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Every day, nurses face ethical challenges. The recently revised Code of Ethics for Nurses with Interpretive Statements provides a framework for addressing concerns inherent in the profession.
“The kinds of quandaries nurses face are broad and far reaching,” said Cynda Rushton, PhD, RN, FAAN, a professor of nursing and pediatrics at Johns Hopkins University and the Anne and George L. Bunting professor of Clinical Ethics at Johns Hopkins Berman Institute of Bioethics in Baltimore. “Because of their proximity to patients, they see in an intimate way the consequences of the therapies and often the suffering of their patients.”
| || ANA MASSACHUSETTS NEWS & UPDATES|
American Nurses Association Massachusetts cordially invites you to a Wine Tasting Networking Social
Thursday, Nov. 5, 2015 at the Boston Winery: 26 Ericsson Street, Boston, MA 02122 — (ample on-site parking) from 6:00 to 8:30 p.m.
$55.00 ANA MA members and
An optional full tour of the 10,000 square foot facility, a discussion of our wine-making process, Five (2oz pours) of wine “tastings” and light hors d'oeuvres are included with the registration fee.
*non-alcoholic drinks (soda and water) will be available
Registration ends Oct. 28!
Networking Flyer, click here.
Please share with your friends and colleagues.
Register Today, click here.
Friday, Nov. 6, 2015
Baystate Health Educational Center
361 Whitney Avenue, 2nd floor, Holyoke, MA 01040
$159 includes lunch
Don’t miss out — space is limited
Register Now, click here.
Symposium Flyer, click here.
Why should you attend?
- We will be discussing the 2015 changes to ANCC criteria
- New nurse planners can use this program as part of their orientation
- You are invited to meet approver unit nurse peer review leader along with peer reviewers and have your questions addressed in person.
- You can network with other continuing education professionals
The American Nurses Association Massachusetts Action Champions
invite you to learn more about Political Advocacy.
There are many legislative issues that affect YOUR nursing practice.
Come learn about what they are and how YOU can make a difference.
Learn about your professional nursing organization and how it can support you...
provide us with YOUR expertise on important nursing issues…
learn how to effectively lobby your legislators and their staff.
ANA Massachusetts Political Advocacy Program (MetroWest)
Tuesday, Dec. 8, 2015
7:00 p.m. - 8:30 p.m.
Framingham State University
A light supper will be provided.
Click here to register today!
Deadline is Jan. 5, 2016
AN OPPORTUNITY TO HONOR YOUR COLLEAGUES
ANA Massachusetts Awards honor the remarkable, but often unrecognized work of ANA Massachusetts members. You probably work with or know nurse colleagues whose commitment to nursing and to patient care is exemplary. Yet in the rush of today's world, there is often little time to acknowledge them and their professional contributions.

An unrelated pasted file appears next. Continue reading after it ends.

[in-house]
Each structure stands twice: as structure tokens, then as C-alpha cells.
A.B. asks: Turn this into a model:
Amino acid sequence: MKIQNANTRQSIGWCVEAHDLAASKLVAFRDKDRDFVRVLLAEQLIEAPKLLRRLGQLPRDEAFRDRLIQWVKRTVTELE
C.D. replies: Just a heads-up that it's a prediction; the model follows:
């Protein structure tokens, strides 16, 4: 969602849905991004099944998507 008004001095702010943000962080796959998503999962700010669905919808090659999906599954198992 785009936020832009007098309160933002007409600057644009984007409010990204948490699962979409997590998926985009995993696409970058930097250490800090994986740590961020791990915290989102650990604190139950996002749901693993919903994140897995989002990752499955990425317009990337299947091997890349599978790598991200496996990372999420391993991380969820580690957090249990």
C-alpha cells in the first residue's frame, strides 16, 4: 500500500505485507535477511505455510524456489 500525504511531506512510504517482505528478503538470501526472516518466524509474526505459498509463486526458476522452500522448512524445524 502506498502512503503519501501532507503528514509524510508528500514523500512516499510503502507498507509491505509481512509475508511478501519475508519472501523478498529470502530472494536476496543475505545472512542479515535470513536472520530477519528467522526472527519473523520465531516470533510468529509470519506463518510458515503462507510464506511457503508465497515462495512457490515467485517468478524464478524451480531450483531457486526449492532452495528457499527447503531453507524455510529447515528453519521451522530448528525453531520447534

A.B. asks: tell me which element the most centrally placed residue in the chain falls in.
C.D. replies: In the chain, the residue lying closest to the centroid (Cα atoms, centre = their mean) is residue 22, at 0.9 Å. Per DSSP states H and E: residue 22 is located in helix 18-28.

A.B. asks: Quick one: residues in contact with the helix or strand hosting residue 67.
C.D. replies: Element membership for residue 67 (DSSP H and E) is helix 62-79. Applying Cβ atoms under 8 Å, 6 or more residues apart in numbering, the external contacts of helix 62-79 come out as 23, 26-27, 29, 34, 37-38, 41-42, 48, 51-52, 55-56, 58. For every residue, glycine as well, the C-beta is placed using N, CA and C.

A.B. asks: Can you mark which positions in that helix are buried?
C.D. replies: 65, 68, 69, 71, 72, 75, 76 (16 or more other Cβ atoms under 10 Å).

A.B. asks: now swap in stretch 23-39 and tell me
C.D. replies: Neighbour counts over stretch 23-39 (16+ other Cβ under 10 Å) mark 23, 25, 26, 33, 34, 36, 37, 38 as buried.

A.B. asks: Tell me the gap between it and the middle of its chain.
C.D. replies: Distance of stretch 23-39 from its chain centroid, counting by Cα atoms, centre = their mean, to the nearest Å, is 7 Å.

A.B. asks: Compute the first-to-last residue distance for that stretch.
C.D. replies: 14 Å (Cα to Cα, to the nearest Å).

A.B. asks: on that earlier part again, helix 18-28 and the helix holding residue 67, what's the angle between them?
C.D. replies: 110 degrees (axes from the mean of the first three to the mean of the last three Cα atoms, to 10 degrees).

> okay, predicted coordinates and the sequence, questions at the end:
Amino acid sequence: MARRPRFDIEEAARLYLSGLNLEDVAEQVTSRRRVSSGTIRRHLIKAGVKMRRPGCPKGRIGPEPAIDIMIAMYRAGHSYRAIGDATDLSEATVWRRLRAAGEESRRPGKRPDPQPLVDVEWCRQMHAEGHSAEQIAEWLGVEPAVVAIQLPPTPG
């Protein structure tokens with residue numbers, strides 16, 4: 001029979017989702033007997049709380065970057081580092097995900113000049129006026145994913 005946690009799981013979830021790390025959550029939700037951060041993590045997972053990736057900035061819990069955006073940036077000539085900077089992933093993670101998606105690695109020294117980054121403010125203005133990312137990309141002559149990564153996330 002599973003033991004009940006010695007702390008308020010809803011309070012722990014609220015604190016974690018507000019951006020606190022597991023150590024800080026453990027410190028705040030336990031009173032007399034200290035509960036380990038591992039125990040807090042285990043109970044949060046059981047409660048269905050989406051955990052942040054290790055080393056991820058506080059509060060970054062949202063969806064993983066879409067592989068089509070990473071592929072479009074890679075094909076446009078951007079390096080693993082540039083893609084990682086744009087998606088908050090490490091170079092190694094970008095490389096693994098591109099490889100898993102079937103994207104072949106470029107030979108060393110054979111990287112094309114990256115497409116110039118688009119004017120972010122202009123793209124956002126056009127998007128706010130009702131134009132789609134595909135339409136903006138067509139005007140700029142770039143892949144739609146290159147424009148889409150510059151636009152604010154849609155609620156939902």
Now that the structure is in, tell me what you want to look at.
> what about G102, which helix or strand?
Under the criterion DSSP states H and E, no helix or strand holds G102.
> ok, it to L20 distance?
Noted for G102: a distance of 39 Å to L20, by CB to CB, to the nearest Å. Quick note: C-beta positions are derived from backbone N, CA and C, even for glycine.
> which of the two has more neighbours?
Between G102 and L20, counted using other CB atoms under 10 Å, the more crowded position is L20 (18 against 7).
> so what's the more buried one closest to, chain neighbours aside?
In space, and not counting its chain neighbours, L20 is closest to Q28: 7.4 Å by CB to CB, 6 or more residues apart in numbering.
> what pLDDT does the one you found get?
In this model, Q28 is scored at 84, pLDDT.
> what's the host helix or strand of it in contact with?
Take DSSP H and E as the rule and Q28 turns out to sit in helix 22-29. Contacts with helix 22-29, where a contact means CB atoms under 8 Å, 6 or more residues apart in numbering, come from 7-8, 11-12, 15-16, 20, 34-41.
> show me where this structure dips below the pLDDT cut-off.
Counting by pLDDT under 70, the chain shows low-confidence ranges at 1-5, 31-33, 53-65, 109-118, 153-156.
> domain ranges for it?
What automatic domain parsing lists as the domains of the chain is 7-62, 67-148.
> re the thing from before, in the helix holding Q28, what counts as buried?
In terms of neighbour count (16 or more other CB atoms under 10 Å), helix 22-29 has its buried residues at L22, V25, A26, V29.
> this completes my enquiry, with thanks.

ANA Massachusetts has established several awards that provide you the opportunity to recognize those nurses who have made a difference at the bedside, in the classroom, and in the practice of nursing.
For more information, click here.
To see the latest upcoming events, click here.
We are seeking energetic, creative and dedicated volunteers to join a subcommittee as we work on planning the celebration of the 15-year Anniversary of our association, Spring 2016. Please send your name and contact information to email@example.com. We hope that you will join us in the planning of this exciting event for ANA Massachusetts (formerly MARN).
We are seeking energetic, creative and dedicated volunteers to work with the President and Executive Director to identify areas for expansion of publicity for ANA Massachusetts and our many programs and events. The Committee will help to coordinate letter to the editor campaigns and brainstorm about other publicity and marketing opportunities for our organization. Please send your name and contact information to firstname.lastname@example.org if you are interested.
The overall goal of the committee is to identify and implement technological upgrades for the organization.
Are you an ANA Massachusetts member who is looking for a way to become more involved in the organization? Do you have an interest or skill/expertise in IT and/or Technology projects. If you are looking for new opportunities, then we are looking for you!
Contact email@example.com for more information
MGL c 260, §9 of the Acts of 2014 requires the boards of registration in medicine, nursing, nursing home administrators, physician assistants, social workers, psychologists and allied mental health and human services to promulgate regulations establishing standards that require training on the issue of domestic and sexual violence as a condition of licensure and license renewal. Information about the Board’s promulgation of the new regulations and how nurses can comply with this new requirement will be posted its website when it is available. All nurses are directed to consult the website regularly to stay abreast of further developments.
Nov. 12, 2015 — 6 p.m.
Please join your NP and CRNA colleagues in a relaxed setting to meet and converse with your local legislators and learn about An Act to Remove the Restrictions on the Licenses of NPs and CRNA as Recommended by the Institute of medicine and the Federal Trade Commission.